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SEATTLE — A study released last Thursday by the Urban Indian Health Institute (UIHI) says 75 percent of American Indians and Alaska Natives are willing to receive the Covid-19 vaccine. The reason for the high receptance is 74 percent of those surveyed said they view getting the vaccination as their responsibility to their community.

The study was conducted to collect information on American Indian and Alaska Native peoples’ knowledge, attitudes, and beliefs about the Covid-19 vaccine. The study involved a survey given to American Indians and Alaska Natives across 46 states—representing 318 different tribal affiliations—to gather information ranging from individuals’ willingness to receive a Covid-19 vaccine to the hurdles encountered in accessing healthcare and resources.

“This data will be important to all organizations conducting Covid-19 vaccine education efforts,” Abigail Echo-Hawk, director of UIHI said. “Native communities have unique challenges and needs that usually are not considered in public health campaigns.”

American Indian and Alaska Native people continue to be disproportionately impacted by the Covid-19 pandemic. The Covid-19 incidence and mortality rates are 3.5 and 1.8 times that of non-Hispanic Whites, respectively.

“Willingness to receive a vaccine and hesitancy are not mutually exclusive,” Echo-Hawk said. “Fear and distrust of government and medical systems still exists in our community, which are hurdles that we have to overcome.”

While there has been worry about vaccine participation in Native communities, 75 percent of study participants claimed they would be willing to receive a Covid-19 vaccine, higher than the national average according to an Ipsos survey from October 2020, which indicates that 64 percent of the U.S. general population was willing to receive a vaccine.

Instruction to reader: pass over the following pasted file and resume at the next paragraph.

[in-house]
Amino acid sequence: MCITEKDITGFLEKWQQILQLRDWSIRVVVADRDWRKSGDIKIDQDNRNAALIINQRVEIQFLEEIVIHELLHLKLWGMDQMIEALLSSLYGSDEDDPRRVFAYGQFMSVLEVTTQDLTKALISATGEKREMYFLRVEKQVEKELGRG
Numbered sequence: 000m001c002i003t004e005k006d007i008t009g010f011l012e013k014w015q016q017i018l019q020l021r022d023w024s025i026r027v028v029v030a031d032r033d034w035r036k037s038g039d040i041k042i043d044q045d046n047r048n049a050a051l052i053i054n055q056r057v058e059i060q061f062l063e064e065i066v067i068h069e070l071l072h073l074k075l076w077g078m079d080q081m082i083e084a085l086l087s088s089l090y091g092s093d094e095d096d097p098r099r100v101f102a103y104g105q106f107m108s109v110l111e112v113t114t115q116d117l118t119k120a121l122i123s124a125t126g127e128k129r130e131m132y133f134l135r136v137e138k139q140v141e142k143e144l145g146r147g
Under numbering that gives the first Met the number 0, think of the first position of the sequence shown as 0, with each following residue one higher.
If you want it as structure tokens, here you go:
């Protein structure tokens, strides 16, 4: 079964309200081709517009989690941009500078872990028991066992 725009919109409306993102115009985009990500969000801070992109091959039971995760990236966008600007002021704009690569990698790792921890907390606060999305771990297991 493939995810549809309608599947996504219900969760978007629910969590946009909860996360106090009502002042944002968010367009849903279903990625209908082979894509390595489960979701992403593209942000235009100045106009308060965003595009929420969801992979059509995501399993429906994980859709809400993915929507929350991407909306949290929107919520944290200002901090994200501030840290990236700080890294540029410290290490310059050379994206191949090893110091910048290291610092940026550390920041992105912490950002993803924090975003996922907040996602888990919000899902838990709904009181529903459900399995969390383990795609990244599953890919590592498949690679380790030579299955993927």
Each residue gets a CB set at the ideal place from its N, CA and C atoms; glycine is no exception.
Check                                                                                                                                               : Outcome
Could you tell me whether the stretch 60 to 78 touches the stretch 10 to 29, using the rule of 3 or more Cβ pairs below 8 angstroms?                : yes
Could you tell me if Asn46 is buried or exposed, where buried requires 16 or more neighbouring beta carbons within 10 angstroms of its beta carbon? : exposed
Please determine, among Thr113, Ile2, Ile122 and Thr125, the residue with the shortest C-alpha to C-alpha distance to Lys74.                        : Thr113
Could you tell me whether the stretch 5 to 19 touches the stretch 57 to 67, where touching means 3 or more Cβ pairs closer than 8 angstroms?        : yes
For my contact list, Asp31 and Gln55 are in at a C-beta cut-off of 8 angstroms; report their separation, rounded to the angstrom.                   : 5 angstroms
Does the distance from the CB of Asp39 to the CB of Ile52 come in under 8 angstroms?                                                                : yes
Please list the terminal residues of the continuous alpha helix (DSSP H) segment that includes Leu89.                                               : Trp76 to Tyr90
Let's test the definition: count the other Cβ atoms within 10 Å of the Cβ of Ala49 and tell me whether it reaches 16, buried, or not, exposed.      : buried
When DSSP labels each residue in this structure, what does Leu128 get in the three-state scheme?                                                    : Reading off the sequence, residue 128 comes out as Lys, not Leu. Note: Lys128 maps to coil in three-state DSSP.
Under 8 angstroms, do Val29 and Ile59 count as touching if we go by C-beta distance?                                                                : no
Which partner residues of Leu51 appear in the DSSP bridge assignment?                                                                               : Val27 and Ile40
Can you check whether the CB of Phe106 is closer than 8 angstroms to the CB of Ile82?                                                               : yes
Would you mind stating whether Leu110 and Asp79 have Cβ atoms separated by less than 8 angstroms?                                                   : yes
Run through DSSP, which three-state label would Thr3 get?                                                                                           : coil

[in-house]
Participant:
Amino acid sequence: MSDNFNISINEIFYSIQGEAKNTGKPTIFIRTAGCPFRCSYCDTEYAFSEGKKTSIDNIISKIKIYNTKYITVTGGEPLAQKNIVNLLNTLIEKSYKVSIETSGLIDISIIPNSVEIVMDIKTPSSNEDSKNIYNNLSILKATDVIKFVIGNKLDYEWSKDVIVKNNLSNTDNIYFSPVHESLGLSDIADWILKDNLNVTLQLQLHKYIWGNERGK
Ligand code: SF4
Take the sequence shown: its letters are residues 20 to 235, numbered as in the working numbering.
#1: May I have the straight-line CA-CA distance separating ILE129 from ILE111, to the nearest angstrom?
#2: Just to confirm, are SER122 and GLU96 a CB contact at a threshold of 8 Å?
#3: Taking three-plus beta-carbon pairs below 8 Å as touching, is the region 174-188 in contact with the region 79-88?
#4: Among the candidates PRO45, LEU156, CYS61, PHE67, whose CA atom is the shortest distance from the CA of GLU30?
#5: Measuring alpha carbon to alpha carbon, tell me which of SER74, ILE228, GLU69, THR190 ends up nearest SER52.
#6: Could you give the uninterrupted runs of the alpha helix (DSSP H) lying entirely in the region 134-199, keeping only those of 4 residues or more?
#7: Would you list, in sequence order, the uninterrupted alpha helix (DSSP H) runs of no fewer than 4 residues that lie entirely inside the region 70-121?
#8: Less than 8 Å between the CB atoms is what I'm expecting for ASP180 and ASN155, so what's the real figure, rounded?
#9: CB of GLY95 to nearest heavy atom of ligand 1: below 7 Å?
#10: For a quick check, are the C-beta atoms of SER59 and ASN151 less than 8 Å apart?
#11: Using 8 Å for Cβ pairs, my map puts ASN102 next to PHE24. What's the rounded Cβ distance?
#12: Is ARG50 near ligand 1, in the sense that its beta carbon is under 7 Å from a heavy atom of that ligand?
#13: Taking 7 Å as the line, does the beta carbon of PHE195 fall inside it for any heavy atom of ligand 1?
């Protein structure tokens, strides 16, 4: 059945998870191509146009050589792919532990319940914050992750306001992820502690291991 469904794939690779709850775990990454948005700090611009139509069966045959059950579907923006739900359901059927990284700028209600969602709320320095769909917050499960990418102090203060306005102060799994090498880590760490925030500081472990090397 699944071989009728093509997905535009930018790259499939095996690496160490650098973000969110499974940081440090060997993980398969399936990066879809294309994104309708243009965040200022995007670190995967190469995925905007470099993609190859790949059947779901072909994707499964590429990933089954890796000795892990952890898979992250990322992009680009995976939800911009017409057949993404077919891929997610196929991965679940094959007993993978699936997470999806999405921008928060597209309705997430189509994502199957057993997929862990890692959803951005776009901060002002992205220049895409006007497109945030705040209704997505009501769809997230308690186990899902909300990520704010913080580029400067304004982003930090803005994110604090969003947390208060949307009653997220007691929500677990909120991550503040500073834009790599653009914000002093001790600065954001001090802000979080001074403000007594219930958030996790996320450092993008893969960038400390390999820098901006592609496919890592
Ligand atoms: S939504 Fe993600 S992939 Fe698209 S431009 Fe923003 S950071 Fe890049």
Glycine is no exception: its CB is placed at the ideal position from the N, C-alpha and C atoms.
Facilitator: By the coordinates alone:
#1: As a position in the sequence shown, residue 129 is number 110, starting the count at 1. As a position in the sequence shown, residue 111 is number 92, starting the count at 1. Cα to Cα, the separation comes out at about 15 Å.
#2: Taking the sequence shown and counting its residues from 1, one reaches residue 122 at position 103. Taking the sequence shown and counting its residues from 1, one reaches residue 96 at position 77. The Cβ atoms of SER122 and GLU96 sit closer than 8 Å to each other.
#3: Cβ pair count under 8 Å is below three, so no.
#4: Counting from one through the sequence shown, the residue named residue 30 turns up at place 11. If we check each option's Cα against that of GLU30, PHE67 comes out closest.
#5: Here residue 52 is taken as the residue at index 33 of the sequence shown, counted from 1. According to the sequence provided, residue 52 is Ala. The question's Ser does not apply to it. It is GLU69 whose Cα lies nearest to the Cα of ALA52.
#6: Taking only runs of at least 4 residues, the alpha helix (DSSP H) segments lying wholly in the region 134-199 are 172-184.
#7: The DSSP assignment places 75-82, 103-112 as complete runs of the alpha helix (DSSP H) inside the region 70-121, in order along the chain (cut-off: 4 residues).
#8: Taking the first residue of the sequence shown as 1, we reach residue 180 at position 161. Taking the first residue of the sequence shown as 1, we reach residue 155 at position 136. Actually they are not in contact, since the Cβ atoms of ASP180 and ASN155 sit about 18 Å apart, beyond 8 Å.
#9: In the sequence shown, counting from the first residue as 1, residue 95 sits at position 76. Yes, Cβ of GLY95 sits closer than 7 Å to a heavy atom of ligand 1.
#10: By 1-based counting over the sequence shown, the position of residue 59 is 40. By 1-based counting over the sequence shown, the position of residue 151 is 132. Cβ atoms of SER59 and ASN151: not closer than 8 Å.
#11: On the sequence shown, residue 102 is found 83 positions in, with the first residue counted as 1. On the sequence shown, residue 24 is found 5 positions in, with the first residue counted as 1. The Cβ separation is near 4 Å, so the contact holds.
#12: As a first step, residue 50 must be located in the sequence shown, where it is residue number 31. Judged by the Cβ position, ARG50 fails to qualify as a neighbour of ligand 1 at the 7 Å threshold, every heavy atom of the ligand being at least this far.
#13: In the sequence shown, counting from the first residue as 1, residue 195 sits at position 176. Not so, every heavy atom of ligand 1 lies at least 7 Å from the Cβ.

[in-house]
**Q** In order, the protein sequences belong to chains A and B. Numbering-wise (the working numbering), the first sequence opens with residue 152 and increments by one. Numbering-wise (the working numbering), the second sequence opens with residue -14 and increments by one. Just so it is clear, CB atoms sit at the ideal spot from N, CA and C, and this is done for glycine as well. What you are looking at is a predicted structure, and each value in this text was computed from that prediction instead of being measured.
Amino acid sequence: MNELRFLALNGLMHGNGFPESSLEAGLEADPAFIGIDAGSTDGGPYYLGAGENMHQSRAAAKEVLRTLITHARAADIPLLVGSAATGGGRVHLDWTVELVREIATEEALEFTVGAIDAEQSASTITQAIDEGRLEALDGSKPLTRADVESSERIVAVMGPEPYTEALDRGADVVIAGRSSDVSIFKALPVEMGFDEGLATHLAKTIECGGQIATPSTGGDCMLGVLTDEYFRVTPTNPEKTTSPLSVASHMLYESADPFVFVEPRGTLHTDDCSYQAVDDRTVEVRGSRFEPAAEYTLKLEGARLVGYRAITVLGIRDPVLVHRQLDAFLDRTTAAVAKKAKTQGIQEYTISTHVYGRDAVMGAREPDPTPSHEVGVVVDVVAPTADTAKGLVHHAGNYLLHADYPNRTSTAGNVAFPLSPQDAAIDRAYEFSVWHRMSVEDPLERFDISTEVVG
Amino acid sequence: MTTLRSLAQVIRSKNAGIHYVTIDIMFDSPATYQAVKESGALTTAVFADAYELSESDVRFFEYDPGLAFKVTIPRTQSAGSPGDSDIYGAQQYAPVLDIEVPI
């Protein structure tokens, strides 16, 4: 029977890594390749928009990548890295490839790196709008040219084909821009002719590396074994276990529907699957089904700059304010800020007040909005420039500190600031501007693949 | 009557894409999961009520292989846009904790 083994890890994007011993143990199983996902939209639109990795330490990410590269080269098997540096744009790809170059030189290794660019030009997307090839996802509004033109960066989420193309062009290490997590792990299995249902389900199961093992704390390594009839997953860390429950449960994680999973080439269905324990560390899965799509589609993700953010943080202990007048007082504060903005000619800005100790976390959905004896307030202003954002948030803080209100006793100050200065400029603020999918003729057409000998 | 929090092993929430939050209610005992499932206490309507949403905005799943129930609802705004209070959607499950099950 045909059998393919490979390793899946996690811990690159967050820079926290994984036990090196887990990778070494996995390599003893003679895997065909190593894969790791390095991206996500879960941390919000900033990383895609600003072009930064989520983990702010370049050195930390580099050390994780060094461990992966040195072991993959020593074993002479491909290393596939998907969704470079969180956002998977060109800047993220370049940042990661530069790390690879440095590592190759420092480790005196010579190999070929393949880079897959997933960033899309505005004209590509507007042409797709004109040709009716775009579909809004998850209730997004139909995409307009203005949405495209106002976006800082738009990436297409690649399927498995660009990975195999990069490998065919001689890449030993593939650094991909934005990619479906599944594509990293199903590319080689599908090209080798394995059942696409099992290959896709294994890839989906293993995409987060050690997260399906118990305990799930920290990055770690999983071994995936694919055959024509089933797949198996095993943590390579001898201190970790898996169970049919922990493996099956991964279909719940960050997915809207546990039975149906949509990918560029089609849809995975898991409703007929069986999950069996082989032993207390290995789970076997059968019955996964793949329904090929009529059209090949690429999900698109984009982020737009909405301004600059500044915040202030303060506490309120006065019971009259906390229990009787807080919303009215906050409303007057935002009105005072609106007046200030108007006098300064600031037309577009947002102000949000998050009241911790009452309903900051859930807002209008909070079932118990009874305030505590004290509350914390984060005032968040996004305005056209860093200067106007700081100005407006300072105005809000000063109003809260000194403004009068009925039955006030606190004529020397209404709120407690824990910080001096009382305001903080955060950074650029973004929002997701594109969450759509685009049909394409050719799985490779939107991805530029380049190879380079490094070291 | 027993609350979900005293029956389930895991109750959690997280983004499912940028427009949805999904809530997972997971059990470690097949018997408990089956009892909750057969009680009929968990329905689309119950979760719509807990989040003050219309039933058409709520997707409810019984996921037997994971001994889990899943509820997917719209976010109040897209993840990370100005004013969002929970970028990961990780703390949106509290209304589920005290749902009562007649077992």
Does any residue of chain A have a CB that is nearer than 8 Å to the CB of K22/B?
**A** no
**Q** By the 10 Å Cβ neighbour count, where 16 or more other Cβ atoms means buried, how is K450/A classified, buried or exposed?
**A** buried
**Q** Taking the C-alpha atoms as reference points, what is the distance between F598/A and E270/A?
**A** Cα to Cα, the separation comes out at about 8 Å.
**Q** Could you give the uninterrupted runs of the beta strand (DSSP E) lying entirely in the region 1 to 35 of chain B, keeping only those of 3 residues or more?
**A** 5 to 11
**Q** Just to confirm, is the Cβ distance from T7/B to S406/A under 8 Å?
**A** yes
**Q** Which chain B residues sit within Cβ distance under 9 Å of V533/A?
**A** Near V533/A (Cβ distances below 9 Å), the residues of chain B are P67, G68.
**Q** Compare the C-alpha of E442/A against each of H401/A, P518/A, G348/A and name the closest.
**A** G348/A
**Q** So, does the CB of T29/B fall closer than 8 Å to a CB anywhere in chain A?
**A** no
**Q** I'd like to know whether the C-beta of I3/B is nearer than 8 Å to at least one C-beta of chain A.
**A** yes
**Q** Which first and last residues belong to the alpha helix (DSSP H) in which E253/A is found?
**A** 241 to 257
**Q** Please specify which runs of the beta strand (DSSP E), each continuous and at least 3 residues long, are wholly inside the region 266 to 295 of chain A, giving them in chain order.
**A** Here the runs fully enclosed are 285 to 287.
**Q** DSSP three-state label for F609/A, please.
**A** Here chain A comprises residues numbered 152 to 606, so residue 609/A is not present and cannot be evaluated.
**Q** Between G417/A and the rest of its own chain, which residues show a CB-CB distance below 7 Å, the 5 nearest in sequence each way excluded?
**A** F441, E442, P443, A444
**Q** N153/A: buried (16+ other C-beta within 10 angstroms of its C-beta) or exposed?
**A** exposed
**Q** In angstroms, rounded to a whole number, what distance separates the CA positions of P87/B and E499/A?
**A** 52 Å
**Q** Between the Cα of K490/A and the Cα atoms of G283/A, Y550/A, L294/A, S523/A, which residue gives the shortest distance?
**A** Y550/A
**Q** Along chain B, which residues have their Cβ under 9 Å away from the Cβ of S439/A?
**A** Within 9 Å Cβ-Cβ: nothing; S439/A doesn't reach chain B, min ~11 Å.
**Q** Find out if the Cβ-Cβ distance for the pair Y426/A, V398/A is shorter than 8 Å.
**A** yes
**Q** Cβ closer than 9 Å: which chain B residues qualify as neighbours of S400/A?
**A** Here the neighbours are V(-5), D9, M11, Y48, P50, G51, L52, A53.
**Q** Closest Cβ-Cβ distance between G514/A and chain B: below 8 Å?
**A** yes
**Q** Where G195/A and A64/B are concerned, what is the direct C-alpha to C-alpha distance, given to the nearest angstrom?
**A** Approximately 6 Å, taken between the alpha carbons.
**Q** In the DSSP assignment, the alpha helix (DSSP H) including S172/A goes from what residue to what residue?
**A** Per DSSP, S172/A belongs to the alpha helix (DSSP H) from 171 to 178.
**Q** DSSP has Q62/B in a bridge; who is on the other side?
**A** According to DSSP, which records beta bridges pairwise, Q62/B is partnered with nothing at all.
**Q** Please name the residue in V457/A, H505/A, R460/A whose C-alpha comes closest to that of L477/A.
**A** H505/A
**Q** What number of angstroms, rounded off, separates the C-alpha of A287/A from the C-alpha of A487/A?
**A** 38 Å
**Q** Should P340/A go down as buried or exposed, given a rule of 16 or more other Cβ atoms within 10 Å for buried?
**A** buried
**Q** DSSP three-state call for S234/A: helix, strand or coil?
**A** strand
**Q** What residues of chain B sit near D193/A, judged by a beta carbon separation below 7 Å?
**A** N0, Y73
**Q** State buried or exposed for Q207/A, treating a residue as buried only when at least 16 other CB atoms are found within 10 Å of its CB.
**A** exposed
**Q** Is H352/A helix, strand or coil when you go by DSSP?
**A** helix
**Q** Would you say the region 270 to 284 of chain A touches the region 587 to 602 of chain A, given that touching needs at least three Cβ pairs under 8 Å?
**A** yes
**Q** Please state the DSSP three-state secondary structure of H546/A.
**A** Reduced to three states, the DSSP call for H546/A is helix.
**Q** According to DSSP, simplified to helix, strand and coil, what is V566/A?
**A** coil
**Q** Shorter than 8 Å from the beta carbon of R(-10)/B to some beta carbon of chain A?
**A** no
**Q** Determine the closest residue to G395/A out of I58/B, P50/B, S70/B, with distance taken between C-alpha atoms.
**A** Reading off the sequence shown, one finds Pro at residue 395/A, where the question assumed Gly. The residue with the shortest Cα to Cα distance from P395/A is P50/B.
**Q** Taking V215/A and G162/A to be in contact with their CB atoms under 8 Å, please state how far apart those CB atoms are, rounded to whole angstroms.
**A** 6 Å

Echo-Hawk said the intention of the survey and study is to create a better understanding of the unique perspectives of Native people.

“The data indicates that most Native people willing to be vaccinated feel it is their responsibility for the health of their community,” Echo-Hawk said. “This shows what motivates our community when it comes to decision-making.”

Report key findings:

  • 75 percent of participants were willing to receive a Covid-19 vaccine.
  • 74 percent of participants claimed that getting vaccinated is their responsibility to their community.
  • 72 percent of participants wanted evidence that the vaccine is safe right now and in the long term.
  • 39 percent of all participants reported difficulty traveling to their clinic for an appointment.
  • Two-thirds of participants willing to get vaccinated were confident that Covid-19 vaccines were adequately tested for safety and effectiveness among Native people.
  • 75 percent of participants willing to get vaccinated had concerns about potential side effects.
  • 25 percent of participants were unwilling to receive a Covid-19 vaccine.
  • 90 percent of participants unwilling to get vaccinated recognized Covid-19 as a serious disease.
  • 89 percent of participants unwilling to get vaccinated had concerns about potential side effects.

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The Native News Health Desk is made possible by a generous grant from the National Institute for Health Care Management Foundation as well as sponsorship support from RxDestroyer, The Leukemia & Lymphoma Society and the American Dental Association. This grant funding and sponsorship support have no effect on editorial consideration in Native News Online. 
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